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Do see: Circus Oz ‘From the Ground Up’ in Melbourne

THE latest show from Circus Oz thrilled audiences at its premiere here in Melbourne. Sarah Lim explains why it is an experience not to be missed.

Baton twirling - Dale rock

Photo: Rob Blackburn

Circus Oz and its new ensemble of characters presented a spectacular opening performance for their brand new show From The Ground Up on June 21. It was a rainy evening, but the venue was packed.

The atmosphere was notably buzzing, with vendors selling donuts and hotdogs in the audience. The stage was set with a big red curtain at the back, which eventually dropped in dramatic fashion when the show kicked off.

The background story for the show was told by Ghenoa Gela, an “Indie Genius” performer searching for the true Australian song. It was befitting then that the show opened with the anthem “God Save Our Queen”, and throughout the night, several other Australian songs were sung in part, including “I Still Call Australia Home” and “Waltzing Matilda” – albeit with slightly altered lyrics.

Circus Oz

Photo: Sarah Lim

From The Ground Up consisted of a great variety of acts and one of the more awe-inspiring and shockingly enthralling ones were the teeterboard and the flying trapeze. Both these acts involved a lot of flips, tumbles, swings and cartwheels.

The teeterboard was similar to a giant seesaw, and the performance involved the cast being propelled into the air while doing flips and landing with great precision, sometimes on a person’s shoulders. The trapeze act was also executed perfectly, and was met with enthusiastic applause from the audience.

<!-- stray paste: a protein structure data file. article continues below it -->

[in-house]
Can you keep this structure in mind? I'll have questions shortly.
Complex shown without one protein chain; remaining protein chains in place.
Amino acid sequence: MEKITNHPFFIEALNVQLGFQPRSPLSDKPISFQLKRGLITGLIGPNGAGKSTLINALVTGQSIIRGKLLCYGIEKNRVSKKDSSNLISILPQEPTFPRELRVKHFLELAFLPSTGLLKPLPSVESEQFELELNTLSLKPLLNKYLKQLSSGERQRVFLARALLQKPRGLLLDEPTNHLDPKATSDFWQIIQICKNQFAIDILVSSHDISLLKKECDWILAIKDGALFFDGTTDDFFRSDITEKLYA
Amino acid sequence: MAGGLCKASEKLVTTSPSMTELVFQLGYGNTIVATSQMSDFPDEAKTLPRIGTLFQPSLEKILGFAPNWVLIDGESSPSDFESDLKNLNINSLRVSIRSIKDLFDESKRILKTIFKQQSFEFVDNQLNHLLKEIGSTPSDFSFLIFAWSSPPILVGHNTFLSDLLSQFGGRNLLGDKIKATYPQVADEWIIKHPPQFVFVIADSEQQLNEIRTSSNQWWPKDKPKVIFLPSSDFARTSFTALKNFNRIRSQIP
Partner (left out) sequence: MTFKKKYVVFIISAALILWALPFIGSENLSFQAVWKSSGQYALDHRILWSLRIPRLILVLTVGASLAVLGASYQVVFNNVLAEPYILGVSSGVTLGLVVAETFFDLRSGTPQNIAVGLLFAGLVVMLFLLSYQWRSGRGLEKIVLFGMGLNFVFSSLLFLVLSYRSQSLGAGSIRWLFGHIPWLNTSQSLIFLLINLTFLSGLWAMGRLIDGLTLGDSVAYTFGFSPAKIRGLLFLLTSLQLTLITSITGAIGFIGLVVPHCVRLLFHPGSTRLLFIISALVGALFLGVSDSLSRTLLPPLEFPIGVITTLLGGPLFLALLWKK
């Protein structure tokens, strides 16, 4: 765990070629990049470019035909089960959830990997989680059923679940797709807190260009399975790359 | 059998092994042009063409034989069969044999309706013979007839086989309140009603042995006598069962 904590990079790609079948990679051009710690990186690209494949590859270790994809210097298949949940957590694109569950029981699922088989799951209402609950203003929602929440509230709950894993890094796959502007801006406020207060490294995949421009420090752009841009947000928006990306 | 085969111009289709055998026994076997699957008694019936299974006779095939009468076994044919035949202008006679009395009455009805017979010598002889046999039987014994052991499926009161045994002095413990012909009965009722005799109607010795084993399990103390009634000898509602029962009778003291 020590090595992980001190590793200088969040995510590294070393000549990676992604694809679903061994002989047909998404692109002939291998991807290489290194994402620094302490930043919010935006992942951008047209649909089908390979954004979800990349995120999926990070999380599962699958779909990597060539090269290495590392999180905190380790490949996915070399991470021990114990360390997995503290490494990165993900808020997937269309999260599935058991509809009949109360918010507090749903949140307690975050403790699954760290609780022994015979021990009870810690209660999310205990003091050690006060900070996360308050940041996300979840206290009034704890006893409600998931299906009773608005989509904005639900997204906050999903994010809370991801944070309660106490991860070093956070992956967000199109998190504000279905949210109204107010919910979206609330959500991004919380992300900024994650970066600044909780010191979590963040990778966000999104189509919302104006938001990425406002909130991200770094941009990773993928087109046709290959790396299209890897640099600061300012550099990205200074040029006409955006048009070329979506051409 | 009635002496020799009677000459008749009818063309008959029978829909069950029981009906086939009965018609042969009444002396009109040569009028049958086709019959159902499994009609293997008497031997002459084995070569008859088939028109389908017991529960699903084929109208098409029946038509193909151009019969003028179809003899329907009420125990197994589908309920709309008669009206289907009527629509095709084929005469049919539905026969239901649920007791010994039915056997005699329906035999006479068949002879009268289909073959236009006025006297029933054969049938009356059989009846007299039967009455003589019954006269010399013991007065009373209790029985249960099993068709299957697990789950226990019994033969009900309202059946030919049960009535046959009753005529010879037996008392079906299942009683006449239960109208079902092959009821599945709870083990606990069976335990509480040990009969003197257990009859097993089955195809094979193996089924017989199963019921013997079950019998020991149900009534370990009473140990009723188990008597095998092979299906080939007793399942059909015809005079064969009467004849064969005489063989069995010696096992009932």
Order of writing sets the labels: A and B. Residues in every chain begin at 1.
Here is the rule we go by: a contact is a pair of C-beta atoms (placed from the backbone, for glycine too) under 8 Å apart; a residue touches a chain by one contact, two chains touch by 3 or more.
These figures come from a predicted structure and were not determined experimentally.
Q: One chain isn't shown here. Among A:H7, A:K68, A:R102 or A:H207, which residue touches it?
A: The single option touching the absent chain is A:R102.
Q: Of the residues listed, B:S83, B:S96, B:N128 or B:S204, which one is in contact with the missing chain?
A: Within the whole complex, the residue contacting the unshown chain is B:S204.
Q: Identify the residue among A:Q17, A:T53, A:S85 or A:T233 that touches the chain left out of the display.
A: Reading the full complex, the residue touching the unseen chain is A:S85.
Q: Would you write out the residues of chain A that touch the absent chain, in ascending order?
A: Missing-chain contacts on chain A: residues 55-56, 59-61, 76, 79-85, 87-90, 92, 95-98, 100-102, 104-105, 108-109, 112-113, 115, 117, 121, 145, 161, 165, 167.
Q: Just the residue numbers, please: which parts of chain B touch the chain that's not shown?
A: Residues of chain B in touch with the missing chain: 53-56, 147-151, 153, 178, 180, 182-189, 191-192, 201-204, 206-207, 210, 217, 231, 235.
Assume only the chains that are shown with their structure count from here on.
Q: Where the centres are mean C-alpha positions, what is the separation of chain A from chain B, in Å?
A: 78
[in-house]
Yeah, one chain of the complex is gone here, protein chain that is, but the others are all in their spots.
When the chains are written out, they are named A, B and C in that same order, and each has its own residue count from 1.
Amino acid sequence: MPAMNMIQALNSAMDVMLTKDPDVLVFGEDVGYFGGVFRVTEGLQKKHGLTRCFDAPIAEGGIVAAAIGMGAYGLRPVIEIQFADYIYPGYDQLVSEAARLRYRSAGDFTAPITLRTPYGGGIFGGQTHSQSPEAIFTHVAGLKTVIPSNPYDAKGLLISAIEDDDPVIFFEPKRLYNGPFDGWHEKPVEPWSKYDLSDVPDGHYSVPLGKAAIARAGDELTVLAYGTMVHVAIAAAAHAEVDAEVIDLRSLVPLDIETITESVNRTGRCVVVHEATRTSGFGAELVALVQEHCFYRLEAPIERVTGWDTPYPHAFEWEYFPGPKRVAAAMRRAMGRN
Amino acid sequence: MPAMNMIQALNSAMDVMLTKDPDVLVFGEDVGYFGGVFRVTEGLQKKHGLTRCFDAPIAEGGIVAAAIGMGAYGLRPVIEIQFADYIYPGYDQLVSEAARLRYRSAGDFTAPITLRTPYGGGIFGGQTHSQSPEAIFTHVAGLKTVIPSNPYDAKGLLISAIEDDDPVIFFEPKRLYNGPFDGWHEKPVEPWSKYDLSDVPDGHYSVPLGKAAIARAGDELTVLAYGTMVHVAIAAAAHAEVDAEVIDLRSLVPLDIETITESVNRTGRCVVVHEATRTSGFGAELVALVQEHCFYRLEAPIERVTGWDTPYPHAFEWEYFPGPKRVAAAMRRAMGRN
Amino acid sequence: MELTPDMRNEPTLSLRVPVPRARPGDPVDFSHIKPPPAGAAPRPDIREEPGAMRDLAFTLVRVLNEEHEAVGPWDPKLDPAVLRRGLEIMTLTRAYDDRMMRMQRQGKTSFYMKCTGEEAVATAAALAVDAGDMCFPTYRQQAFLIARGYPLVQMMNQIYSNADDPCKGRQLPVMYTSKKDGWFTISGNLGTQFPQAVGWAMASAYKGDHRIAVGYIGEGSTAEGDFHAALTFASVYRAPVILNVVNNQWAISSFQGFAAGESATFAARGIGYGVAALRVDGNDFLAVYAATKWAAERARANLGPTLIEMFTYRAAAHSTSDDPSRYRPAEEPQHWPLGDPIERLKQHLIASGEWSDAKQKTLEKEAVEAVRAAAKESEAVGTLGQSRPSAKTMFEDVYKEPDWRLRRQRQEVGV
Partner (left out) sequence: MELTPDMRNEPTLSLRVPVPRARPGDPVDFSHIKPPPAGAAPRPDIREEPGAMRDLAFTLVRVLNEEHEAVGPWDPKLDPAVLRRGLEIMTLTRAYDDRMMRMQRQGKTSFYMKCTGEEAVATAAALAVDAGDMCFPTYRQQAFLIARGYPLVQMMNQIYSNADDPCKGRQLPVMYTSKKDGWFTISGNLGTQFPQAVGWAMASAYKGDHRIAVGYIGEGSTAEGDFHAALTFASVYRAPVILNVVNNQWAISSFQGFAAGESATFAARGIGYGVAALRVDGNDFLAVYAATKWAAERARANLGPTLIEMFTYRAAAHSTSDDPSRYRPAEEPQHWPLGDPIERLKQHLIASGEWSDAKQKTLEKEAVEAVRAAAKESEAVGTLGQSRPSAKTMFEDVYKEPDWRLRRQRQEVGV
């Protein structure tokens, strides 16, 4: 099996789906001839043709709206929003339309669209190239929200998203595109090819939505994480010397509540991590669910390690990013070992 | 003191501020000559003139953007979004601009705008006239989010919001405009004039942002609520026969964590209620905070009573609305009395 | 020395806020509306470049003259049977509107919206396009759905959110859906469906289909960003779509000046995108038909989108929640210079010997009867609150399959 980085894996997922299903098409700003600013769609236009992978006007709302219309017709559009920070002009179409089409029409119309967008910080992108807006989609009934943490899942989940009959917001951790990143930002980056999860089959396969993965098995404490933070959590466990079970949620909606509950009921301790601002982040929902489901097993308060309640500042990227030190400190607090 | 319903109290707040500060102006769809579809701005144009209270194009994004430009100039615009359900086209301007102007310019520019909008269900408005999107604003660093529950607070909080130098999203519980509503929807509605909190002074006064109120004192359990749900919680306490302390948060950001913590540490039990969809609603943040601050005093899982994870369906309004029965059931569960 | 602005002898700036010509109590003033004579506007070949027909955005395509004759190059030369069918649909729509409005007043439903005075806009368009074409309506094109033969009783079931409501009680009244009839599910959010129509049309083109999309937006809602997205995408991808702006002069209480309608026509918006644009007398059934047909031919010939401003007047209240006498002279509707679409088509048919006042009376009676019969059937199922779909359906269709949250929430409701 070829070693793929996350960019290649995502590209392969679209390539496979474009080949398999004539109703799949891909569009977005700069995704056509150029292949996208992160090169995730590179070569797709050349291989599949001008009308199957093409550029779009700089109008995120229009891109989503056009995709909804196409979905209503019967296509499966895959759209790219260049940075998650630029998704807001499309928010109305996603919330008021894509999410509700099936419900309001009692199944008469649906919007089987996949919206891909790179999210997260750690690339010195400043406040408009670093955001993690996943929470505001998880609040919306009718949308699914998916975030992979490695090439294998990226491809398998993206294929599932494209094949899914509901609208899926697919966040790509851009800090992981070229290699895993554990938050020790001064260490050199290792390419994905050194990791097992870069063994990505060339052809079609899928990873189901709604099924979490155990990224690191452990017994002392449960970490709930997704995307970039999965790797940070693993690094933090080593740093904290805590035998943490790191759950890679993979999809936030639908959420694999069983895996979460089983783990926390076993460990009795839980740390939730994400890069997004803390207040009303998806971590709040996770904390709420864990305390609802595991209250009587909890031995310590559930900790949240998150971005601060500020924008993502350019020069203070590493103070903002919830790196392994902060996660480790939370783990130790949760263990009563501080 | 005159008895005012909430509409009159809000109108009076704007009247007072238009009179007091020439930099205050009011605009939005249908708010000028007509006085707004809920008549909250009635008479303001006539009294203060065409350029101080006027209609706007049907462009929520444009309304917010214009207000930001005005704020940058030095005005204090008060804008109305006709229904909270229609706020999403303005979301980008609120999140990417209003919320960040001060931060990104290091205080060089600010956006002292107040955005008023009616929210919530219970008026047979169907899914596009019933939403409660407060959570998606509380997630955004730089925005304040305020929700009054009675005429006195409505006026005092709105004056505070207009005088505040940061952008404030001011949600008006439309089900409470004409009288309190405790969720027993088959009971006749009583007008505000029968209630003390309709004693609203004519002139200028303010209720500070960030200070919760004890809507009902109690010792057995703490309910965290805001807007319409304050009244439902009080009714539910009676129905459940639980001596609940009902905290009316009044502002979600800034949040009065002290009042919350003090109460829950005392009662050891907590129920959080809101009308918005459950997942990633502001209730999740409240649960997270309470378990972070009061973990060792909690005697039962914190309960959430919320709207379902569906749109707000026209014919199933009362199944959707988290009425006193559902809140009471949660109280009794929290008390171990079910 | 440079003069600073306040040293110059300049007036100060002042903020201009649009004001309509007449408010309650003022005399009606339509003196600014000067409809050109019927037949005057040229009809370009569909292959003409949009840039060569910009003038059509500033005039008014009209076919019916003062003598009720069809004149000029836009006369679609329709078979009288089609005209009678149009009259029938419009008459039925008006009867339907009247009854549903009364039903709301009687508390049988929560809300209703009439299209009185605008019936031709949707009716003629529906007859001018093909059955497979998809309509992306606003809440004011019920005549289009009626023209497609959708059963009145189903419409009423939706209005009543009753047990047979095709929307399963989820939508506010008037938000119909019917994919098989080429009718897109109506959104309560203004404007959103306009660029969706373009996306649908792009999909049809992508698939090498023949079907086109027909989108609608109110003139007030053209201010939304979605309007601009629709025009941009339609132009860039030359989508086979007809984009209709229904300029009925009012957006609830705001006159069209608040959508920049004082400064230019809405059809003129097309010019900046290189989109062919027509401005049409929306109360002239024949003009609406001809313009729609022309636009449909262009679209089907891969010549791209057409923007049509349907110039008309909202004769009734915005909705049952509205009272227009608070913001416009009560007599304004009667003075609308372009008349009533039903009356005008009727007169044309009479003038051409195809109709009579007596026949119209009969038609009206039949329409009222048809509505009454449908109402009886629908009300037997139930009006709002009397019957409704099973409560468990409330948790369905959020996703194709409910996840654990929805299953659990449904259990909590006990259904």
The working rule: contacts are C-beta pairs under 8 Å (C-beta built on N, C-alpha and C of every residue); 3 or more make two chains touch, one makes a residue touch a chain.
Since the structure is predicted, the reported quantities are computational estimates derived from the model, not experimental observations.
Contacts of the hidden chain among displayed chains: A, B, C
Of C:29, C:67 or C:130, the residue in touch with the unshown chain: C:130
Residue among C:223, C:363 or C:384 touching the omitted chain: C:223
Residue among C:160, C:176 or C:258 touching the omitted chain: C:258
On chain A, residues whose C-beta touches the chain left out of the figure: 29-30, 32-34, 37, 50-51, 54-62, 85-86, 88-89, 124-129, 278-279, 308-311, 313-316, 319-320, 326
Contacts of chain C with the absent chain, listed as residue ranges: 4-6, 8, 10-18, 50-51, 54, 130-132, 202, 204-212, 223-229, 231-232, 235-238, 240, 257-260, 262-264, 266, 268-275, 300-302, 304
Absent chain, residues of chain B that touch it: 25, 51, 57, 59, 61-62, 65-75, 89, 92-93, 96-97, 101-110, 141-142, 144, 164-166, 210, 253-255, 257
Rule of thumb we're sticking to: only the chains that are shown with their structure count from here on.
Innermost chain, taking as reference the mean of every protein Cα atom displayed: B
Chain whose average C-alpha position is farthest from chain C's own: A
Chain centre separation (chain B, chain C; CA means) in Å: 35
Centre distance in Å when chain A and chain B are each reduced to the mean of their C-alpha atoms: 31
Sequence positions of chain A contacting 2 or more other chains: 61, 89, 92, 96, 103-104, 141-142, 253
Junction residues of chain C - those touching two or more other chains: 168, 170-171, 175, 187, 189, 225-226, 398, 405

Circus Oz

Photo: Rob Blackburn

But the most unique segment of the show was arguably the drum tumble. Performer Bec Matthews did ‘taiko drumming’ in a purpose-built drum hull which was swung around in circles or from side-to-side, while principal acrobat Shane Witt was beneath the big circular contraption, performing tumbles, and the other supporting acrobats back-flipped and tumbled in unison with the drum beats.

Circus Oz

Photo: Sarah Lim

The show also had the crowd in stitches at many points. Acts that were were laugh-out-loud worthy with excellent comedic timing included the act performed with cigar boxes by Luke Taylor and Jeremy Davies, which was basically a routine manipulated by striking sounds with expert juggling skills involved.

Another notable one was the ‘Fantaysia Fitness’ session by Flip Kammerer who attempted to show the audience how to lose weight and be fit.

With the vast variety of performances jammed packed into a two-and-a-half hour performance, the strength of Circus Oz’s From The Ground Up is without question its ability to combine a cast of talents from different backgrounds and deliver a good concoction of humour and wonder through on stage.

Made complete with a live band, Circus Oz entertained its audience not just visually, but aurally.

Circus Oz

Photo: Rob Blackburn

As the show slowed its momentum, Ghenoa Gela inspired the crowd with her closing speech, saying, “Australia should be like a fruit salad. We should coexist peacefully, but yet, not lose what makes me, me.”

Have a peek at what the crew at Circus Oz did in the lead up to the premier.

Circus Oz’s From The Ground Up is now showing at the Circus Oz Big Top in Melbourne until July 15. Tickets range from $30 to $82.50. To book tickets, visit the Ticketmaster website or call 136 100. For more information the show, read our pre-event feature article or visit the Circus Oz website.

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Meld Magazine was incorporated as an independent not-for-profit media outlet in September 2008 to reach out to international students in Melbourne, and provide students the opportunity to gain real work experience.

Many international students live in or around the city because of the proximity to their colleges and universities, and that was where we decided to focus our efforts first. Many of us live, work and study locally too. Our editorial team is made of both local and international students, and it has worked to our advantage in providing local content in every sense of the word.

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